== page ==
Sunday, October 8th, 2017


The CEO median tenure is about 6-7 years. There are, of course the quickly discovered wrong choices for the top job  that last about a year or the short tenure of a CEO brought in to handle a very specific situation or as a  placeholder keeping things steady while the long term CEO is found.

Most companies don’t have a formal succession plan and those who do don’t especially like them or find them helpful. Vying for the top job creates an odd dynamic and almost always gets weird. There are usually two to three possible candidates. They know it. The CEO watches and creates challenges and watches and talks with her closest colleague about it incessantly once she gives the acknowledgement of moving on.

All kinds of things go cuckoo under the surace of the company while it sort of kind of keeps functioning:

CEO’s becomes reluctant to set a firm date, but people sniff that the transition is in the air. There is an odd uneasiness that pervades the company.

Very slowly the associates of the company begin to align with one or the other of the candidates. It’s clear to see. It’s part of the uneasiness. Have I chosen the winner?

The company becomes paralyzed at the top while projects and initiatives become stalled waiting for commitment.

There is gossip galore and absolutely every movement at the top is viewed as symbolic of approval of a candidate. Who rides in what car? Who went to dinner with so and so?  Sudden white noise surrounds the Executive Committee.

Major top level meetings are cancelled or avoided as a way to avoid questions or to buy time for making a choice and announcement.

When there is a CEO solidly in place whether magnificent or not there is a tendency to think she is not needed. But when the CEO vacuum begins to grow as his or herpower begins to wane, the need for that CEO role to be filled becomes evident. The rock, the rudder, the idiot we can blame for everything, the single point of direction, our leader is important. We want one. We have to have one flawed or not.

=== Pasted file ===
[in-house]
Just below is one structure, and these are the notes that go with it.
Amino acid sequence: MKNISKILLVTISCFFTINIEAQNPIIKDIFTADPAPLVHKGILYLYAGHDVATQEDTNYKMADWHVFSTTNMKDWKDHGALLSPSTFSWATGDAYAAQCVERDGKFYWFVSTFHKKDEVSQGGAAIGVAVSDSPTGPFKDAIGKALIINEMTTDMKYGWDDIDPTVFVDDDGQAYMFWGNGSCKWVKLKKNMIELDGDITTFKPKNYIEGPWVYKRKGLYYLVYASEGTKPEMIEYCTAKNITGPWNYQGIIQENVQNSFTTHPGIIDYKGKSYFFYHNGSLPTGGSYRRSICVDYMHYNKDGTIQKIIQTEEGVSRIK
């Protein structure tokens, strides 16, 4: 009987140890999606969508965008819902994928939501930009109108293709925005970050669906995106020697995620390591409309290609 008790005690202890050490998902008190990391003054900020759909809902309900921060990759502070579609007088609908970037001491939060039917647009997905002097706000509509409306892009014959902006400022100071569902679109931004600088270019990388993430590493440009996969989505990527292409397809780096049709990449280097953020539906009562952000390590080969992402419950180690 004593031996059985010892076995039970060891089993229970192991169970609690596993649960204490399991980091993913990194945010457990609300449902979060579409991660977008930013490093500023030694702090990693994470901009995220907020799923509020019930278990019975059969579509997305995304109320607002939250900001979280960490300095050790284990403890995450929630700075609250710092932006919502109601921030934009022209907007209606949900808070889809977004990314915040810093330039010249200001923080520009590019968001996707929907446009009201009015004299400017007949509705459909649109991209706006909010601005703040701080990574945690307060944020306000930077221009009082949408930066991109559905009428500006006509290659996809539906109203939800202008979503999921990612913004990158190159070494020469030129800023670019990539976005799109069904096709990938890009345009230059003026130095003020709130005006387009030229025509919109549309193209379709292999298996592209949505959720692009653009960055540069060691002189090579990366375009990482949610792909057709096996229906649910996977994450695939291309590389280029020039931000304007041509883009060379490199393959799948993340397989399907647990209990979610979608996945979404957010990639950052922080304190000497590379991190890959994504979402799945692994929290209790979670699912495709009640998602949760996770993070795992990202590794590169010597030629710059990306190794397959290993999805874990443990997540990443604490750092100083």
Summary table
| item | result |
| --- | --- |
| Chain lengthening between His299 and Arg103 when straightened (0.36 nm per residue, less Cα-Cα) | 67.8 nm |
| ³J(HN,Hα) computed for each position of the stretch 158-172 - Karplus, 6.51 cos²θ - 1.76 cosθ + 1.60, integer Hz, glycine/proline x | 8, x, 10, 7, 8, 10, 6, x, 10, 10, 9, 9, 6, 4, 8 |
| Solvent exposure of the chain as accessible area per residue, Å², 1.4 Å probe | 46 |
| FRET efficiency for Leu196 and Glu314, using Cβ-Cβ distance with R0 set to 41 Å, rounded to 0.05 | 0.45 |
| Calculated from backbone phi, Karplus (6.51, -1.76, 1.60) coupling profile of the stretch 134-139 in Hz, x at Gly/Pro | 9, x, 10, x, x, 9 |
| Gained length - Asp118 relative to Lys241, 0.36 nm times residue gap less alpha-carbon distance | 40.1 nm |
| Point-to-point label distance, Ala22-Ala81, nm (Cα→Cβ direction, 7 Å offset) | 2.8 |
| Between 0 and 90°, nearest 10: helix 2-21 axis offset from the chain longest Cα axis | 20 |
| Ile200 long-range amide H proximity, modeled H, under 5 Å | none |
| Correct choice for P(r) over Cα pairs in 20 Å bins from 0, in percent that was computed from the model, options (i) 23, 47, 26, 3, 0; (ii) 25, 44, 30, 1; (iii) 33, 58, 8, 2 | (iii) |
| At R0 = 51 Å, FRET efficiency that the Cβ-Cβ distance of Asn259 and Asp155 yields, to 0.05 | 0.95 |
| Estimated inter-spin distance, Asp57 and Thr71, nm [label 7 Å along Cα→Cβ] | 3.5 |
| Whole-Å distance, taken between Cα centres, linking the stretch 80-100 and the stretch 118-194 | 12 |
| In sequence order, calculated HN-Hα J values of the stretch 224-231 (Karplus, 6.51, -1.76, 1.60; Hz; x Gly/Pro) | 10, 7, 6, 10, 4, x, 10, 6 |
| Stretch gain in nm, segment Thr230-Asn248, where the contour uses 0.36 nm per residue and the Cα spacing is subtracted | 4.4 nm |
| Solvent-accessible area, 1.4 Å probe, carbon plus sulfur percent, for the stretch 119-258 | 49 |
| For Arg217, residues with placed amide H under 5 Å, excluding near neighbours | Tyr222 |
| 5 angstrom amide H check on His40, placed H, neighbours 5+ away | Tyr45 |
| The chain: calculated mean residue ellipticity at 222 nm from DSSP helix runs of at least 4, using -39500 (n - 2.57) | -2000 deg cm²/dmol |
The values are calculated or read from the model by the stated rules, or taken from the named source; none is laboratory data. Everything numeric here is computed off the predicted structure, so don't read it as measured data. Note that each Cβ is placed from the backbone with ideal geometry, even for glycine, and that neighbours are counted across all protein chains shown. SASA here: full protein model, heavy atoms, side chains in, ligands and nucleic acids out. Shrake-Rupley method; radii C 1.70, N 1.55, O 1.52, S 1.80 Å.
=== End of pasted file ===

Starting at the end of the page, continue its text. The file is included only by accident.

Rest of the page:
I like a seven year tenure. Come in, establish trust, set new direction and get it on its feet (three to five years–yep, yep, yep. It takes that long if create and root the new) Then time to assess again, not the CEO as much as what is needed by the company. If there is still a fit with the CEO, then there could be a new wave of development of the business. If not, choosing the next CEO can take 2-3 years.

In reality, too many CEO changes are jarring and a surprise to the CEO when it comes. An outsider is brought in that causes a top talent departure.Time is lost as the company adjusts to upheaval. Unrest continues. The eye and energy of the company is distracted from customers. I admire all the people of the company who muddle on anyway.

I have seen good CEO succession as well. There is always hurt and disappointment and adjustment as the new CEO is named and gets ready for the top role. But a graceful change without sudden changes in company focus is a gift to the people in the company and for the health of the business. Succession planning is not an academic exercise. It is a messy personal hugely impactful change organizational change. We could do a better job of it, I think.





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